At the same time there are currently black (mainly Sunni "Orthodox") Muslims who do follow 'Middle Eastern' dictates in terms of how they dress, eat, walk, talk, greet, etc., by way of the Hadith (believed sayings and actions of the prophet Muhammad).

So what's at the bottom line of all this? 
What is the concern of those in the 'conscious Afrikan centered community'? 

At the end of the day the question isn't really whether the Prophet Muhammad was black or if Islam originated in Arabia, or whether the original Arabs were black or not 1; the real question is, when push comes to shove which side will these brothers and sisters be on? Is their loyalty more with Islam or with their own black people?

Currently, most orthodox Muslims are being encouraged by Sunni or Arab scholars to abandon their 'nationalism' and join the single, world community of Islam. The stated position in this campaign is that 'Nationalism is Haram (prohibited) according to Islam.'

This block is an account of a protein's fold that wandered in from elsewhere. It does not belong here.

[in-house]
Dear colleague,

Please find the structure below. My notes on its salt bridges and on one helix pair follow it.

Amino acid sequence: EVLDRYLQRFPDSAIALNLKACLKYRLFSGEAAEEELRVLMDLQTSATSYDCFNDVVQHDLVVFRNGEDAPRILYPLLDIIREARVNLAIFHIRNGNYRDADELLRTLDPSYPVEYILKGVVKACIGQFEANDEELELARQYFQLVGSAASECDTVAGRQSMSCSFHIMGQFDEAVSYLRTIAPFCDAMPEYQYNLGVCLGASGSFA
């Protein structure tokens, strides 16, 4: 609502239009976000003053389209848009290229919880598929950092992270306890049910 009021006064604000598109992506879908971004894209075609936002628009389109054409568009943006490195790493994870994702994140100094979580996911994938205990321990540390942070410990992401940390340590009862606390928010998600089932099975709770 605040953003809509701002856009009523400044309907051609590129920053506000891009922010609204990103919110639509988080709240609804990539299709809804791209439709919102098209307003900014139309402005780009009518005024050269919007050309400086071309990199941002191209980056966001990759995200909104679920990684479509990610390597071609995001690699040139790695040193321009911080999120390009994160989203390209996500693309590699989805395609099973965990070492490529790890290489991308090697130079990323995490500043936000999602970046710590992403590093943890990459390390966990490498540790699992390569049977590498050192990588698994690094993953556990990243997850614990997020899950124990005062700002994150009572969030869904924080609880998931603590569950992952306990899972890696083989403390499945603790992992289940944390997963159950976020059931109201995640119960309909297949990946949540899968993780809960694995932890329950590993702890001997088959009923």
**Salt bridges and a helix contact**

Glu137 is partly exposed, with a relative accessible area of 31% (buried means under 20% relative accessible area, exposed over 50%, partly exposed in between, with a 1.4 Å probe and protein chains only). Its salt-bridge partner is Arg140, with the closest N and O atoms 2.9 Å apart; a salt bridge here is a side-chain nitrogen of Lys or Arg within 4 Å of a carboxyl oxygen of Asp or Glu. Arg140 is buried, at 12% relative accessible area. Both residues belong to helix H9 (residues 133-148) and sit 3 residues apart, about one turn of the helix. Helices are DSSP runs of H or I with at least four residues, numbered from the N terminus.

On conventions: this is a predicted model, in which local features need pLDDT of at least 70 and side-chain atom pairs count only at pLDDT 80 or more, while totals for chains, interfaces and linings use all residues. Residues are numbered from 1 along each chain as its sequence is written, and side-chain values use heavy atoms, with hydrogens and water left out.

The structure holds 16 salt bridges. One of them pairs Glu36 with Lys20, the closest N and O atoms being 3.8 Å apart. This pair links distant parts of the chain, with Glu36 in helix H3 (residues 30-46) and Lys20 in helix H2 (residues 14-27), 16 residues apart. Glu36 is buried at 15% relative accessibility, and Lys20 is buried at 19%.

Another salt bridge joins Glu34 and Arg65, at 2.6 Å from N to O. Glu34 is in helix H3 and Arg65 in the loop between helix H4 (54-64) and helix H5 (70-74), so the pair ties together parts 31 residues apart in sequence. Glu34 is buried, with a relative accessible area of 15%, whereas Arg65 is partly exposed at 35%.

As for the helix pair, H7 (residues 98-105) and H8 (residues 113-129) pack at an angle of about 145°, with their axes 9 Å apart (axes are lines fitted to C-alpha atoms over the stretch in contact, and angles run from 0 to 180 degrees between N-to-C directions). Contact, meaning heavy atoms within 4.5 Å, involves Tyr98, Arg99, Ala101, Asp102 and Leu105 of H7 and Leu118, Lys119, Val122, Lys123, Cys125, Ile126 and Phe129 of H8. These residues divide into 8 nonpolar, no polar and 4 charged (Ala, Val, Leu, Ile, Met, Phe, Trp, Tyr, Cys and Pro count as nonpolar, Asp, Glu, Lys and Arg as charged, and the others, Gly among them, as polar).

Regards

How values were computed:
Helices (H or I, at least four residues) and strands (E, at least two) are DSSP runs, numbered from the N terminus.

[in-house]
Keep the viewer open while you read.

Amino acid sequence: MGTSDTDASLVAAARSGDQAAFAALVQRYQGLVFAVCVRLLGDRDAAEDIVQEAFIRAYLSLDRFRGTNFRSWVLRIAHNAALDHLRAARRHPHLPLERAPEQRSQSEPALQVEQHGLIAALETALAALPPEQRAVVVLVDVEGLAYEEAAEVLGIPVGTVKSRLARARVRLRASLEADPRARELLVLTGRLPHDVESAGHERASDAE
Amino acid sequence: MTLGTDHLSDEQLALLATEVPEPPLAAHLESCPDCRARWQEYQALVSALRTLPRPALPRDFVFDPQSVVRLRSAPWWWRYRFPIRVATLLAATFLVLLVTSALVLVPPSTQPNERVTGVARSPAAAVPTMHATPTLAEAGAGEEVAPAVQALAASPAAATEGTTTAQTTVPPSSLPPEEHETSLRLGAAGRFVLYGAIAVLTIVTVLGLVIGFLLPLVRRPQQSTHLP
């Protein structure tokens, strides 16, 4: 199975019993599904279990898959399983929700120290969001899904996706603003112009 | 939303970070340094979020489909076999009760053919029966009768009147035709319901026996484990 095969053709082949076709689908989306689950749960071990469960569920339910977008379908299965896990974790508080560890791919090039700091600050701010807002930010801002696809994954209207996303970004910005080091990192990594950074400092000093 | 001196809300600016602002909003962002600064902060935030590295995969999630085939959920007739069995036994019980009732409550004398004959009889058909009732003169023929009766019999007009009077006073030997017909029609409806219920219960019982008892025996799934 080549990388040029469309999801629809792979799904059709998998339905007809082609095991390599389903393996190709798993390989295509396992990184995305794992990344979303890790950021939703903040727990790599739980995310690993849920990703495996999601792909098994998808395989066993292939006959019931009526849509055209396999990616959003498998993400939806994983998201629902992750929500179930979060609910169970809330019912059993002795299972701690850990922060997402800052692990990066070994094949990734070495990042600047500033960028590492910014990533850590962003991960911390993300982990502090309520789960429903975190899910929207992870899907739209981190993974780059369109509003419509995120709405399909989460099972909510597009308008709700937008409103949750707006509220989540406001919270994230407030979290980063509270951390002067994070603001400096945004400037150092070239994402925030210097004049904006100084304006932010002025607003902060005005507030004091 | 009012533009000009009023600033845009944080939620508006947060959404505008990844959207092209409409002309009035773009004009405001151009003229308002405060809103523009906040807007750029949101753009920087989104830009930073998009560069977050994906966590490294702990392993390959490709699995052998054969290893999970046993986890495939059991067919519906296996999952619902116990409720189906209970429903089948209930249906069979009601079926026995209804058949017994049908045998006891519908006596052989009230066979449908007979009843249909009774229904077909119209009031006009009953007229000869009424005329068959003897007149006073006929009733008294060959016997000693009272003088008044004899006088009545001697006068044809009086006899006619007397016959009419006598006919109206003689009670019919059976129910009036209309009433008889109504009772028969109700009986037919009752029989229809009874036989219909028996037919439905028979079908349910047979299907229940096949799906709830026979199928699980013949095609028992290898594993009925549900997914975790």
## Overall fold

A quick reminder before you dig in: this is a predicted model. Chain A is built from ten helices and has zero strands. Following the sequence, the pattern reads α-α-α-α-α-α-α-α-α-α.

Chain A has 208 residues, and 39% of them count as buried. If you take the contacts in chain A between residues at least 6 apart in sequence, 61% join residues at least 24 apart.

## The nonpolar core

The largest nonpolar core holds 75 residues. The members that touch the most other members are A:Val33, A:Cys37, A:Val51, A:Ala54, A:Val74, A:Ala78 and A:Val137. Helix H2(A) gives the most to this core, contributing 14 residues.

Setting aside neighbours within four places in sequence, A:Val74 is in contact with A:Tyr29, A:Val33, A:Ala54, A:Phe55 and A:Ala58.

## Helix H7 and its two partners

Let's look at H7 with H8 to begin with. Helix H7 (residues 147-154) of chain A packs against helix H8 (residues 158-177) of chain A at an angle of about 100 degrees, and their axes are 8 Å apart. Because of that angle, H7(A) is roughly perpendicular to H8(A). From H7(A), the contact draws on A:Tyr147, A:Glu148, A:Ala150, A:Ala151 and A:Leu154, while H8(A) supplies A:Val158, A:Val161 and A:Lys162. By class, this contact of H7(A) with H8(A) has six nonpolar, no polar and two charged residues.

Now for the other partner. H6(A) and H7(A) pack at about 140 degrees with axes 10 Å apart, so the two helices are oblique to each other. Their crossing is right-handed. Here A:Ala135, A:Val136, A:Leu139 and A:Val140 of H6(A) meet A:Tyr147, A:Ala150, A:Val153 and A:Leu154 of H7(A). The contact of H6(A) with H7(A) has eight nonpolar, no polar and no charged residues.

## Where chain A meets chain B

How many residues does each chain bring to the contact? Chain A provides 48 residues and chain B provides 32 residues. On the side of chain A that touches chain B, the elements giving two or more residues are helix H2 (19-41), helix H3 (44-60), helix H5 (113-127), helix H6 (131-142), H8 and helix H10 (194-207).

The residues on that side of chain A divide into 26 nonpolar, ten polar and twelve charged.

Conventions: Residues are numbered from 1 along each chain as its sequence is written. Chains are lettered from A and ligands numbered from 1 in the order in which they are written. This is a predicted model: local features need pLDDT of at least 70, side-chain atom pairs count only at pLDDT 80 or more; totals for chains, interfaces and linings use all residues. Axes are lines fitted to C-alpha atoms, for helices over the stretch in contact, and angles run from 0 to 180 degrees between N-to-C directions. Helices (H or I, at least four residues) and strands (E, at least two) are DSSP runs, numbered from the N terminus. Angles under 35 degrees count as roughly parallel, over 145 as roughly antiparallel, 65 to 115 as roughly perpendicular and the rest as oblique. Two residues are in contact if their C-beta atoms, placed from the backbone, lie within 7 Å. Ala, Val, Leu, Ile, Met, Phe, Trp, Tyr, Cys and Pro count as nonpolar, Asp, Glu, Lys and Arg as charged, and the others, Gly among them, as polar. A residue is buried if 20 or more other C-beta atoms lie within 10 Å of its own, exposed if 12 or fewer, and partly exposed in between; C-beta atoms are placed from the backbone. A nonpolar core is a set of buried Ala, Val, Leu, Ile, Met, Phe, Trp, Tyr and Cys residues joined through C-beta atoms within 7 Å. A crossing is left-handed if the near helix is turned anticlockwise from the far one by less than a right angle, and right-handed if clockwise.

They are interpreting nationalism as 'Asabiyyah' (tribalism). 

Holy Qur'an 3:105: "And hold fast, all of you together, to the Rope of Allah and be not divided."

 This is the Hadith they have been circulating to support this view:
 'It is narrated by Abu Daud that the Messenger of Allah (s.a.w) said, "He is not one us who calls for `Asabiyyah, (nationalism/tribalism) or who fights for `Asabiyyah, or who dies for `Asabiyyah."

But what does Asabiyyah really mean? Is it so bad? Aren't there Iraqi, Somali, Hausa, Iranian, Morrocan, Ethiopian (Harari) muslims and others across the globe who are proud of their heritage and their national identity?